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Role of microRNAs in chronic lymphocytic leukemia pathogenesis.

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Published:11th Sep 2019
Author: Javandoost E, Majd EF, Rostamian H, Koosheh MK, Mirzaei HR.
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Ref.:Curr Med Chem. 2019.
DOI:10.2174/0929867326666190911114842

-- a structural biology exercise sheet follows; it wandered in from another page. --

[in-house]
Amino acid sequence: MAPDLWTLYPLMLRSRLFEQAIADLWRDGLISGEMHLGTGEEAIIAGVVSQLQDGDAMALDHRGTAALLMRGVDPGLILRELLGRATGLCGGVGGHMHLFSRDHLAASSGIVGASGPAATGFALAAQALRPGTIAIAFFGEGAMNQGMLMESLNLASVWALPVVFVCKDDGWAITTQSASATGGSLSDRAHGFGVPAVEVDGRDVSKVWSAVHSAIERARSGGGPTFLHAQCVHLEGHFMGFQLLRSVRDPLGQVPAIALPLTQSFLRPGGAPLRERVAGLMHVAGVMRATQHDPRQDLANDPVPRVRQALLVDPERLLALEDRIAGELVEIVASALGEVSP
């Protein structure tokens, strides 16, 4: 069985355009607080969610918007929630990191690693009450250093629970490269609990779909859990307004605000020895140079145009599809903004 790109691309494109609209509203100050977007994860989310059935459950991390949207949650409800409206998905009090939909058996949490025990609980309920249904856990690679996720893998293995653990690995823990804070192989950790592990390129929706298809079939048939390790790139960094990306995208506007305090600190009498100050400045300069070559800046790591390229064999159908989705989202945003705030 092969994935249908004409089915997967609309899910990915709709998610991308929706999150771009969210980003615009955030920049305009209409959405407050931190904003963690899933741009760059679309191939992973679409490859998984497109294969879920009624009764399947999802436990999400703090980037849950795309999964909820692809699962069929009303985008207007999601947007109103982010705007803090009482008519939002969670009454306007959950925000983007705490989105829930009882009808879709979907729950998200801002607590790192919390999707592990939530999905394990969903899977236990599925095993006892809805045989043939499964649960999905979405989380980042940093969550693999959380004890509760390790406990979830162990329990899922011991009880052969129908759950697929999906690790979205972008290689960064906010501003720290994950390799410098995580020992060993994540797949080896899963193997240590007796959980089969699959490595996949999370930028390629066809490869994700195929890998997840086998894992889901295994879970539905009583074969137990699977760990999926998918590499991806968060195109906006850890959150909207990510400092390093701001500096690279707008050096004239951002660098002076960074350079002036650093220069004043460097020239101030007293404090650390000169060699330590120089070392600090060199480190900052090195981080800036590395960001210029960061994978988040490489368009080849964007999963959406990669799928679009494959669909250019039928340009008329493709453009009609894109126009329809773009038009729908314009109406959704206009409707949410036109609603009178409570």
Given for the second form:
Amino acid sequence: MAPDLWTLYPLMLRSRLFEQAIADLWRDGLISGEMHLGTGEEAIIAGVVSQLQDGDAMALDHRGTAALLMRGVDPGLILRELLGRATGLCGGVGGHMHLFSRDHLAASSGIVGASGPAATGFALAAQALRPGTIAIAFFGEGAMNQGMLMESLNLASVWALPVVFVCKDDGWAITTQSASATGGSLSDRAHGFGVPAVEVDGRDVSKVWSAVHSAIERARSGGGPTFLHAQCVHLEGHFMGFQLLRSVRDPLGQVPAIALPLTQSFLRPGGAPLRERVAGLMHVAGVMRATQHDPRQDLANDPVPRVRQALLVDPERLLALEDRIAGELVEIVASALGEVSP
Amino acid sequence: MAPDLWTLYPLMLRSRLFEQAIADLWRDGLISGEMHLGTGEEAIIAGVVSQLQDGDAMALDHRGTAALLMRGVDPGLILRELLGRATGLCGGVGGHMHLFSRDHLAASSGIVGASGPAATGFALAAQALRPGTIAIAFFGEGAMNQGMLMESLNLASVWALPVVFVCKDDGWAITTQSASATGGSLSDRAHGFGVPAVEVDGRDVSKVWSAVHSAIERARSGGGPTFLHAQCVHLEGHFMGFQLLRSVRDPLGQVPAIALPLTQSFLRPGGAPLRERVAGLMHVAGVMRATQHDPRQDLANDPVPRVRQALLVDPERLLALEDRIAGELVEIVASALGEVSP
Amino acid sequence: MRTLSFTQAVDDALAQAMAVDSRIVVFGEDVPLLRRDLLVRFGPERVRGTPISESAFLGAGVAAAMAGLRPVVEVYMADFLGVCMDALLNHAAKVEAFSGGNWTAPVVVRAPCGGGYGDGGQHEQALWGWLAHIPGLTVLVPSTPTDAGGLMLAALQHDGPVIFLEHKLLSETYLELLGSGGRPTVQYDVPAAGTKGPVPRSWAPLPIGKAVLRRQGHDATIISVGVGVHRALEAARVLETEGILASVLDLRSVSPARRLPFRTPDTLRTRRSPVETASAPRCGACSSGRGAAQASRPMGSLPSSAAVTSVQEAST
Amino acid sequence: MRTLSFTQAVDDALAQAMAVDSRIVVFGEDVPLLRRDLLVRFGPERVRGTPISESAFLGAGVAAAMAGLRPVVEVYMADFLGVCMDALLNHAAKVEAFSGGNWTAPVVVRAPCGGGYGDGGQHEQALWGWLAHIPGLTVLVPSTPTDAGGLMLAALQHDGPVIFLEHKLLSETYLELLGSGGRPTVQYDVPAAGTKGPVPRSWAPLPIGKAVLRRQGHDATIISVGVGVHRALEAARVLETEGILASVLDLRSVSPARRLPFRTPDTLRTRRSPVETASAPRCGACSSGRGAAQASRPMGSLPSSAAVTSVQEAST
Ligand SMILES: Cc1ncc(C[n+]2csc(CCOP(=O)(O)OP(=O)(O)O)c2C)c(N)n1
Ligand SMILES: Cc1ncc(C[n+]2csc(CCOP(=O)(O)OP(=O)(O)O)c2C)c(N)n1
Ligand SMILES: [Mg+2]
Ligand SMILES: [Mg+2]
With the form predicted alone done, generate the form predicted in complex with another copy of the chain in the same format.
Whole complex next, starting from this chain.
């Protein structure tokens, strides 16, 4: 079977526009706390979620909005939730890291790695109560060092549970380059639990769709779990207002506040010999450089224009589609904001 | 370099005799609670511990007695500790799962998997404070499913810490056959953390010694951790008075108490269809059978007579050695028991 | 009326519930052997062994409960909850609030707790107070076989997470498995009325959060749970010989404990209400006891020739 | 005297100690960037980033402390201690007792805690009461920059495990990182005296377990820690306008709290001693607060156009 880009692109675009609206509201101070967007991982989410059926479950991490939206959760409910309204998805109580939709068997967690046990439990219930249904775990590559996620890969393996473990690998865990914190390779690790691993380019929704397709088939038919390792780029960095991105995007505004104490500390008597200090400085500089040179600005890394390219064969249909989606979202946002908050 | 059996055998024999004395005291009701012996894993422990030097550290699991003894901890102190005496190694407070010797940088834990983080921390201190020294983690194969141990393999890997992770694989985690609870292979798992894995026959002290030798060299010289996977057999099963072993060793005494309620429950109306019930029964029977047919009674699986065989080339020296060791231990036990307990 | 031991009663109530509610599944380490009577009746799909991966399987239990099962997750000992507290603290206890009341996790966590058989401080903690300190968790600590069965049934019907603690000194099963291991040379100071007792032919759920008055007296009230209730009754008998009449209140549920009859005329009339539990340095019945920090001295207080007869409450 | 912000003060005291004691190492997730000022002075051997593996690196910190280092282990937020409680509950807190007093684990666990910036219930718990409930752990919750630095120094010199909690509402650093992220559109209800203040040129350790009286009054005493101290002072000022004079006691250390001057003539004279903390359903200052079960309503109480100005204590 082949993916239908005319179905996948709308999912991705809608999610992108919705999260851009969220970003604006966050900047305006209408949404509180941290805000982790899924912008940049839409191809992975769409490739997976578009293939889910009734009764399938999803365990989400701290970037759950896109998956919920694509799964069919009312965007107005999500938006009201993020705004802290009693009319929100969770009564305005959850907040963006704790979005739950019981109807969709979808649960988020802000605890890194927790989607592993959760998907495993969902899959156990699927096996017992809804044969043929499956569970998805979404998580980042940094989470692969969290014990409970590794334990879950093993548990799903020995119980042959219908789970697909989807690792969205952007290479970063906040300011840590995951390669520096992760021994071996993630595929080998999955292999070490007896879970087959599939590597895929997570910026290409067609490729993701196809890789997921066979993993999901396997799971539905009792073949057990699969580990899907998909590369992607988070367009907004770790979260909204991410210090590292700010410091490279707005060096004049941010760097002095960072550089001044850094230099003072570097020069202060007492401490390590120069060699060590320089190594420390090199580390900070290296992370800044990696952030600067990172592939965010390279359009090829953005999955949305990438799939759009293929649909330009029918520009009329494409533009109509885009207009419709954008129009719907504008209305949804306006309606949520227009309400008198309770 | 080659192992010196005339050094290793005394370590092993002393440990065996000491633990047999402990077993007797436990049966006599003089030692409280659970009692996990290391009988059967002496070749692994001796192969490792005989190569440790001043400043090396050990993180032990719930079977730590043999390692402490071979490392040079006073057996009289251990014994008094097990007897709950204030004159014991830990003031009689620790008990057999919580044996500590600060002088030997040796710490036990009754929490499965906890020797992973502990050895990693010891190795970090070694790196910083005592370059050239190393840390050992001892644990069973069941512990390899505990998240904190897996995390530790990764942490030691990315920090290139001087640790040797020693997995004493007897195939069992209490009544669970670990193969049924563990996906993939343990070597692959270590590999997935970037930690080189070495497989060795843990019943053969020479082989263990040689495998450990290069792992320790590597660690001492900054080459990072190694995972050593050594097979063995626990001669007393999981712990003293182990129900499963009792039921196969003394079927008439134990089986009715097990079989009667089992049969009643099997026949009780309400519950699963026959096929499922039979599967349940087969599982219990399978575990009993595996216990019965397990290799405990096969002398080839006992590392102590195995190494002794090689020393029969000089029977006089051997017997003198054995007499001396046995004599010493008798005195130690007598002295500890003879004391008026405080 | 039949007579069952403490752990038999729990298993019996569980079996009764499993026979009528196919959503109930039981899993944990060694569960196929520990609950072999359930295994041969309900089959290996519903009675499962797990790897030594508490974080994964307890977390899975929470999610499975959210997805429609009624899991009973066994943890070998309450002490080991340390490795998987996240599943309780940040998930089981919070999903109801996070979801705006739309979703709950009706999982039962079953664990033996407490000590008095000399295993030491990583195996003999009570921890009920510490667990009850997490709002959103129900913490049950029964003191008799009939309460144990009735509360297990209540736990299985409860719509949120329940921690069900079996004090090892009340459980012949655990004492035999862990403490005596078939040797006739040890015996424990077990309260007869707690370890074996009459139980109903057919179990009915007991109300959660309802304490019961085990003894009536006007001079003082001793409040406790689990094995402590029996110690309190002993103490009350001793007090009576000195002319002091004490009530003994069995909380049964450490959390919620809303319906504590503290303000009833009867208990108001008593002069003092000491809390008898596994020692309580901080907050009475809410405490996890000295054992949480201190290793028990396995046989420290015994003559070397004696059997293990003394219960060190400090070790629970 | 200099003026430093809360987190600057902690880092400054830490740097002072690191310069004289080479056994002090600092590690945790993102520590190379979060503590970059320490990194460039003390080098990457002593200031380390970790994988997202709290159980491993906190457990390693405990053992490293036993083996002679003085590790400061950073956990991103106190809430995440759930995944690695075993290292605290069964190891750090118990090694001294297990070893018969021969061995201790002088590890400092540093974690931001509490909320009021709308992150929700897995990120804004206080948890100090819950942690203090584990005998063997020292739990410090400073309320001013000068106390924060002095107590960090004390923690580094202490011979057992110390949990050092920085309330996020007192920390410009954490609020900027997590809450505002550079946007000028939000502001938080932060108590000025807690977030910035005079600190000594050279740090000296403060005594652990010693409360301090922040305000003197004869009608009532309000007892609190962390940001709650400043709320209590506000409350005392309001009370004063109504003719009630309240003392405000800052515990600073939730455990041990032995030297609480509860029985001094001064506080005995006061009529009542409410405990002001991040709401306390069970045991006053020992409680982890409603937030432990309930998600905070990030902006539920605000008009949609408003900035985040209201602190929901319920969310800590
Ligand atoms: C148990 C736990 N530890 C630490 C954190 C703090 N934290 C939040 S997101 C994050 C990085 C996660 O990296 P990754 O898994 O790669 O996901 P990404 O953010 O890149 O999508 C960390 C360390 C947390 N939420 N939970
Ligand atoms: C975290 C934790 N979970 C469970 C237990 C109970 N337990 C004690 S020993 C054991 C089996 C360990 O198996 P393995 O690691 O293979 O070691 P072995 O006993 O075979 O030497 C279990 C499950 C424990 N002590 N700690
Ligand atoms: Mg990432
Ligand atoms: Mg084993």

MicroRNAs (miRNAs) are a group of small endogenous non-coding RNAs involved in many cancers and various cellular processes such as cellular growth, DNA methylation, apoptosis, and differentiation. 13q14.3 chromosomal region contains miR-15 and miR-16 and deletion of this region is a commonly reported aberration in chronic lymphoblastic leukemia (CLL), suggesting miRNAs involvement in CLL pathogenesis. MicroRNAs are known oncogenes and tumor suppressors in CLL which may also serve as markers of onset and progression of the disease. The most prevalent form of leukemia diagnosed in adults in the western world, chronic lymphocytic leukemia, accounts for one-third of all leukemias. CLL is characterized by presence of B cell malignant clones in secondary lymphoid tissues, peripheral blood and bone marrow. The precise etiology of CLL is remained to be known, however, a number of chromosomal abnormalities such as deletions of 13q14.3, 11q and 17p and trisomy 12 have been detected. In this review, we offer our prospect on how miRNAs are involved in the CLL pathogenesis and disease progression. Further understanding of the underlying mechanisms and regulation of CLL pathogenesis has underscored the need for further research regarding their role in this disease.

 

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